The International Association of Labour History Institutions (IALHI) brings together archives, libraries, document centres, museums and research institutions specializing in the history and theory of the labour movement from all over the world. It was founded in 1970 by the Arbetarrörelsens Arkiv (Stockholm), the Deutscher Gewerkschaftsbund (Düsseldorf), the Friedrich Ebert Stiftung (Bonn), the Internationaal Instituut voor Sociale Geschiedenis (Amsterdam), the Labour Party (London), the Schweizerisches Sozialarchiv (Zürich) and the Trades Union Congress (London), among others.
IALHI aims at :
* Fostering closer co-operation between its members.
* Interlending wherever possible.
* Encouraging the interchange of publications and duplicates.
* Initiating and sponsoring publications such as bibliographies, holding lists and surveys falling within its field of interest.
* Archives and libraries of trade union federations and major trade unions from Belgium, Denmark, Germany, Finland, France, Ireland, Italy, Norway, Spain, Sweden, Switzerland and the United Kingdom ; and of related international bodies like the International Confederation of Free Trade Unions and the European Trade Union Institute.
* Archives and libraries of socialist and communist parties from Austria, Belgium, Denmark, Germany, Finland, France, Italy, Norway, Russia, Spain, Sweden, Switzerland and the United Kingdom.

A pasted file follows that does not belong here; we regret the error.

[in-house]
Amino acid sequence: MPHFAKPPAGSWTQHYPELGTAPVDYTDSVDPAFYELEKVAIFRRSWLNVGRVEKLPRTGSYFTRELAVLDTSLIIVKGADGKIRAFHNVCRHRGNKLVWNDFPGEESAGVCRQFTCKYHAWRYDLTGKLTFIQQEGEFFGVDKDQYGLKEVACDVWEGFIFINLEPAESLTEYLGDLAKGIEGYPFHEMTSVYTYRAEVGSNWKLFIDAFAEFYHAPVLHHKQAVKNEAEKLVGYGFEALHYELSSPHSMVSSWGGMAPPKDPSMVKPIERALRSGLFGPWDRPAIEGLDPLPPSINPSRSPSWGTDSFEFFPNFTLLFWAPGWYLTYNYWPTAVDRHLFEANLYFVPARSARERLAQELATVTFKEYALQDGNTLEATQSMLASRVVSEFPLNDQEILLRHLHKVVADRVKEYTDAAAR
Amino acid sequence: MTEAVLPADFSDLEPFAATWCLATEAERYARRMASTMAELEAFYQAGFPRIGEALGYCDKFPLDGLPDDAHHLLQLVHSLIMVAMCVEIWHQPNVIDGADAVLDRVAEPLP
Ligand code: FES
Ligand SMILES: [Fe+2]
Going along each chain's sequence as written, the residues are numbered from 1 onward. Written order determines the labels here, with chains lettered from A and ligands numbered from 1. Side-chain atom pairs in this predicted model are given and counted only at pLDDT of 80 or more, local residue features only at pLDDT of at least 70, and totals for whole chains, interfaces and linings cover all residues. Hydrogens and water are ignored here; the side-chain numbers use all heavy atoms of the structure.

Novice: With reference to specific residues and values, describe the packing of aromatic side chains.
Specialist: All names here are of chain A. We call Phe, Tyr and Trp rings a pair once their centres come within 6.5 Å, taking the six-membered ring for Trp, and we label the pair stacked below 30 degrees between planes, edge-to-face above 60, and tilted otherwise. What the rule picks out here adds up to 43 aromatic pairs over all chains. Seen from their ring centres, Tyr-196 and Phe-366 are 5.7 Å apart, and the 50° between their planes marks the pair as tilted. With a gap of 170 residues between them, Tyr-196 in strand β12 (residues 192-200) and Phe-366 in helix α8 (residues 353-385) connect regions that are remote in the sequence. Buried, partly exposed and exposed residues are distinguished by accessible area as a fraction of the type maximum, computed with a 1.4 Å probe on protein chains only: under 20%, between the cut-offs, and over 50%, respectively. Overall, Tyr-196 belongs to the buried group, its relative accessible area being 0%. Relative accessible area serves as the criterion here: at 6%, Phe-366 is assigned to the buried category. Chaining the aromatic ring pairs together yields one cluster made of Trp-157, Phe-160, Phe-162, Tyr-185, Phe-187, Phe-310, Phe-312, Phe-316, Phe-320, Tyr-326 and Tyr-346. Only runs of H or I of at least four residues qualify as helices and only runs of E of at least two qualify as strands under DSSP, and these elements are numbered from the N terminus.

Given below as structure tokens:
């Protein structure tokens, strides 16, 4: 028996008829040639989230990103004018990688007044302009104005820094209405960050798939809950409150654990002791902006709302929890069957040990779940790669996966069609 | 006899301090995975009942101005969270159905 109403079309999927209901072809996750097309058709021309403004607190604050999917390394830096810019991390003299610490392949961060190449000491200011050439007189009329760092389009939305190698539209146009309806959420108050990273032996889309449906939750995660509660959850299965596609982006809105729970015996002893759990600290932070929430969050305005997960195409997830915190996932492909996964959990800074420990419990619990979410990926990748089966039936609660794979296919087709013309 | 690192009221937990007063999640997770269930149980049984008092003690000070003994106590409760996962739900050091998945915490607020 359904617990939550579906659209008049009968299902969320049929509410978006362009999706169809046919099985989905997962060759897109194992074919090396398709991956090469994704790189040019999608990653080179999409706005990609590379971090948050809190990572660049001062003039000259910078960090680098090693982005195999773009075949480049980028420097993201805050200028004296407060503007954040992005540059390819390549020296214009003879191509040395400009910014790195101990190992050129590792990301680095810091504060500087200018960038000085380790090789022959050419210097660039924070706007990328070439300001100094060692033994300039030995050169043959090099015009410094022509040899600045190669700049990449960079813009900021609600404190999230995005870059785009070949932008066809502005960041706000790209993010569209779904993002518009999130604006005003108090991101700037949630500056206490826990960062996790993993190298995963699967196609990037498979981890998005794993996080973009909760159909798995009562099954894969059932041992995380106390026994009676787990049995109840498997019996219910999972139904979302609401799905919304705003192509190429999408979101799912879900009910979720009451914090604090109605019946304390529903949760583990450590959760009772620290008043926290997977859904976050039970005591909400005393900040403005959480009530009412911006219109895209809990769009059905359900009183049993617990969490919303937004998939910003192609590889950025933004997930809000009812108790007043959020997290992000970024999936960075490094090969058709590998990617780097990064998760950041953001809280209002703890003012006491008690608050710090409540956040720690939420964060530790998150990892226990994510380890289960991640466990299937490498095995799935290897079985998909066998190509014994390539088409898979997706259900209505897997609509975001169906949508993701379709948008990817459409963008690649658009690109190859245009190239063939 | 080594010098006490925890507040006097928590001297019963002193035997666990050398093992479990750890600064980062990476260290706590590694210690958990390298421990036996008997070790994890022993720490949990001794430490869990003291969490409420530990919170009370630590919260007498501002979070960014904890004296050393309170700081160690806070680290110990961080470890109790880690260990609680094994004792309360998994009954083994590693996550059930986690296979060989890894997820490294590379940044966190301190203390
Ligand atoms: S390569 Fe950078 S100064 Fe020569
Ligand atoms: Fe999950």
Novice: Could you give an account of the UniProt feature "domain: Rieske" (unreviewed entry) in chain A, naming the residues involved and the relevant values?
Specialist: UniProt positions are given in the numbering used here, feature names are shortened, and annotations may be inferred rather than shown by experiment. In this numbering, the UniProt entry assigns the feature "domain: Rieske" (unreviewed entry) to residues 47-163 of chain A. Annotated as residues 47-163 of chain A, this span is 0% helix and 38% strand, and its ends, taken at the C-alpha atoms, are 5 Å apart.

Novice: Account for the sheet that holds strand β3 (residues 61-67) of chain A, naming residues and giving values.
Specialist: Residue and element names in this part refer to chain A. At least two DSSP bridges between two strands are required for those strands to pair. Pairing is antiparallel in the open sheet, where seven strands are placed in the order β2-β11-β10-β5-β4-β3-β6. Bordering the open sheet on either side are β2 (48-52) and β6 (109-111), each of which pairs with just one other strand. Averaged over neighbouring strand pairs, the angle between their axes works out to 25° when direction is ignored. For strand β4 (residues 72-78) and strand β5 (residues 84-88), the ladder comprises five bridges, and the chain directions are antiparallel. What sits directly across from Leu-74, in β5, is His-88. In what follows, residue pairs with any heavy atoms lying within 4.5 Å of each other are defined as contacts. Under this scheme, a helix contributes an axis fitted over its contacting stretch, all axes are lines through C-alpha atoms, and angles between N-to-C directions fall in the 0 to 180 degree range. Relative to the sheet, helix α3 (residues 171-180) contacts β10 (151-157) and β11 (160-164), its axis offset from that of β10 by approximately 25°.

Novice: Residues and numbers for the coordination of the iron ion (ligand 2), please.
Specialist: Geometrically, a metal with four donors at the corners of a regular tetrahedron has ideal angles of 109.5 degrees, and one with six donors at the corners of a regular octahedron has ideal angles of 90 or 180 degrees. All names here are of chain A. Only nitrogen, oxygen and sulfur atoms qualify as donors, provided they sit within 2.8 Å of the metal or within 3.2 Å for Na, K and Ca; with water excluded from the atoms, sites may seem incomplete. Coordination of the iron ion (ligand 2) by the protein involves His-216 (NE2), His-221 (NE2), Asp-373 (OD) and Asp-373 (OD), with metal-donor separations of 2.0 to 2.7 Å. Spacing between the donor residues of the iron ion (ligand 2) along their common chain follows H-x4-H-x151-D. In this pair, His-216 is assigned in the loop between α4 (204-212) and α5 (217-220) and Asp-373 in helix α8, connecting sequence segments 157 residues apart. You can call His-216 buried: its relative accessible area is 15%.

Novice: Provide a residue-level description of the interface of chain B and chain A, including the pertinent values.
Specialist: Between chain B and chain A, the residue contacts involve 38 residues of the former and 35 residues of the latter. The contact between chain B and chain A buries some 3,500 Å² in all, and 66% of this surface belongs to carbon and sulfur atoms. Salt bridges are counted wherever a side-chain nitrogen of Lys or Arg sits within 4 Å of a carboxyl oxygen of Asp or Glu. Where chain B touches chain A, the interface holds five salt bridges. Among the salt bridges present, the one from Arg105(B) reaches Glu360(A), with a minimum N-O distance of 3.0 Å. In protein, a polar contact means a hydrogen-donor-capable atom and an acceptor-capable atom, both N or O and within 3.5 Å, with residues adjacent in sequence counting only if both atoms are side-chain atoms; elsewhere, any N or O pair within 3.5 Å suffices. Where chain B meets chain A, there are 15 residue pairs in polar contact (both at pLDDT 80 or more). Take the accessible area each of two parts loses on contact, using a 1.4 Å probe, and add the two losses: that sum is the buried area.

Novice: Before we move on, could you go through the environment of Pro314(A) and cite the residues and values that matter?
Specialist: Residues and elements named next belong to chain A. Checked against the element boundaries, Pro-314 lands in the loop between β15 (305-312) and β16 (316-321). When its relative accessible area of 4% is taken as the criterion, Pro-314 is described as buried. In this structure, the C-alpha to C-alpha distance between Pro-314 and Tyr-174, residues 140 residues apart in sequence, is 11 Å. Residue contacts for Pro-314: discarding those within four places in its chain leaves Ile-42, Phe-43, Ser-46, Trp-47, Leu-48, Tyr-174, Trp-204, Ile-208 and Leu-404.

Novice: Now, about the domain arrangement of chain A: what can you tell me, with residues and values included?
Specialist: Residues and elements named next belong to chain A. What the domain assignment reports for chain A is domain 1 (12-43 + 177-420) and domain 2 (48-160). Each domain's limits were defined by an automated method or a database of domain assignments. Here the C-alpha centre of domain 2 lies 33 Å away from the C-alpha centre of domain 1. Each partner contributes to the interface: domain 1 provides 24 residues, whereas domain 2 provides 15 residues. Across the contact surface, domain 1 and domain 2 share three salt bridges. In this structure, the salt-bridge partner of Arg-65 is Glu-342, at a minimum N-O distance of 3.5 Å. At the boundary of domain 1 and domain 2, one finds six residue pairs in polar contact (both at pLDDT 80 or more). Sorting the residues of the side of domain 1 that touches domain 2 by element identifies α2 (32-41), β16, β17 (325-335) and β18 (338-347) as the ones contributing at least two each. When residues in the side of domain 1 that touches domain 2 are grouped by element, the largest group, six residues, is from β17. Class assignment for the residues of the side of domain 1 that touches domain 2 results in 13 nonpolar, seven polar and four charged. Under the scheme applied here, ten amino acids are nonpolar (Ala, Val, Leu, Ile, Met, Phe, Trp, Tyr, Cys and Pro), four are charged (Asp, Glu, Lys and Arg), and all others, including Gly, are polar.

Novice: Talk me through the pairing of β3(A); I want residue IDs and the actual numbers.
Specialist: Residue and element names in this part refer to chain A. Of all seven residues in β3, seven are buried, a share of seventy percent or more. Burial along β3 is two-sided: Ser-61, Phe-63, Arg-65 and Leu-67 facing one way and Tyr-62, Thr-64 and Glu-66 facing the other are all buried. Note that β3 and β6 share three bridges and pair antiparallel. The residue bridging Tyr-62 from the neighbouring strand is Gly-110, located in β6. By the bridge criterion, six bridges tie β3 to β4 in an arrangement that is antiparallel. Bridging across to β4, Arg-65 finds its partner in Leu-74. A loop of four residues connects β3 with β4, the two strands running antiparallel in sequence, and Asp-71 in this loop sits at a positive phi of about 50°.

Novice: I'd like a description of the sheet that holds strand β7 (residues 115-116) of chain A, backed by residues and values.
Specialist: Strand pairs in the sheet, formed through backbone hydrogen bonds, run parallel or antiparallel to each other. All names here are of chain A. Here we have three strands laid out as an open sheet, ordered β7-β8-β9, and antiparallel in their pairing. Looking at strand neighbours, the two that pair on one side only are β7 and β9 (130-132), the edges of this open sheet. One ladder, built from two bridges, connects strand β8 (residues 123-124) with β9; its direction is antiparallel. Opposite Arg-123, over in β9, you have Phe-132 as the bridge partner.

* Major document and research centres like the AMSAB (Ghent), the Fondazione Giangiacomo Feltrinelli (Milan), the Internationaal Instituut voor Sociale Geschiedenis (Amsterdam), the Schweizerisches Sozialarchiv (Zürich) etc.
* Museums of labour and working class life like the People’s History Museum (Manchester), the Arbejdermuseet (Copenhagen), the Työväenmuseo Werstas (Tampere) etc.
* Major university institutions like the Bibliothek der Freien Universität (Berlin), the Bibliothèque de Documentation internationale contemporaine (Nanterre), the Labadie Collection (Ann Arbor, MI), the Modern Records Centre (Coventry), the Ohara Institute for Social Research (Tokyo) etc.
* Private document centres, museums, labour history societies etc from Australia to Argentina.
* Annual conferences provide an occasion for meeting, discussion, exchange of experience, multilateral cooperation etc. Conferences were held in London (1970), Stockholm (1971), Zürich (1972), Bonn (1973), Oslo (1974), Amsterdam (1975), Milan (1976), Vienna (1977), Paris (1978), Bochum (1979), Stockholm (1980), Barcelona (1981), London (1982), Florence (1983), Madrid (1984), Brussels/Liège/Ghent (1985), Paris (1986), Bonn (1987), Zürich (1988), Amsterdam (1989), Helsinki (1990), Linz (1991), Copenhagen (1992), Prague (1993), Manchester (1994), Moscow (1995), Athens (1996), Silver Spring, MD (1997), Milan (1998), Amsterdam (1999), Oslo (2000), Tampere (2001), Stockholm (2002), Dublin (2003), Paris/Nanterre/Roubaix (2004), Ghent (2005), Zürich (2006), Rome (2007), Johannesburg (2008), Barcelona (2009) and Amsterdam (2010). The next conferences will be held in Bonn (2011) and Lisboa (2012).
* IALHI’s Directory lists all relevant information concerning member institutions.
* A News Service on the Web announces recent accessions, new publications, forthcoming exhibitions, current research programs etc.
* A travel fund enables members lacking regular funding channels to attend conferences.
* IALHI organizes joint projects, notably in the fields of preservation and automation.
* A group of members provide a number of services, among them listings of the tables of contents of major labour history journals.
* On the web domain labourhistory.net digital resources form IALHI members and joint projects are published. The project HOPE – Heritage of the People’s Europe (2010-2013) will be the focus of these activities.
go to the list of conference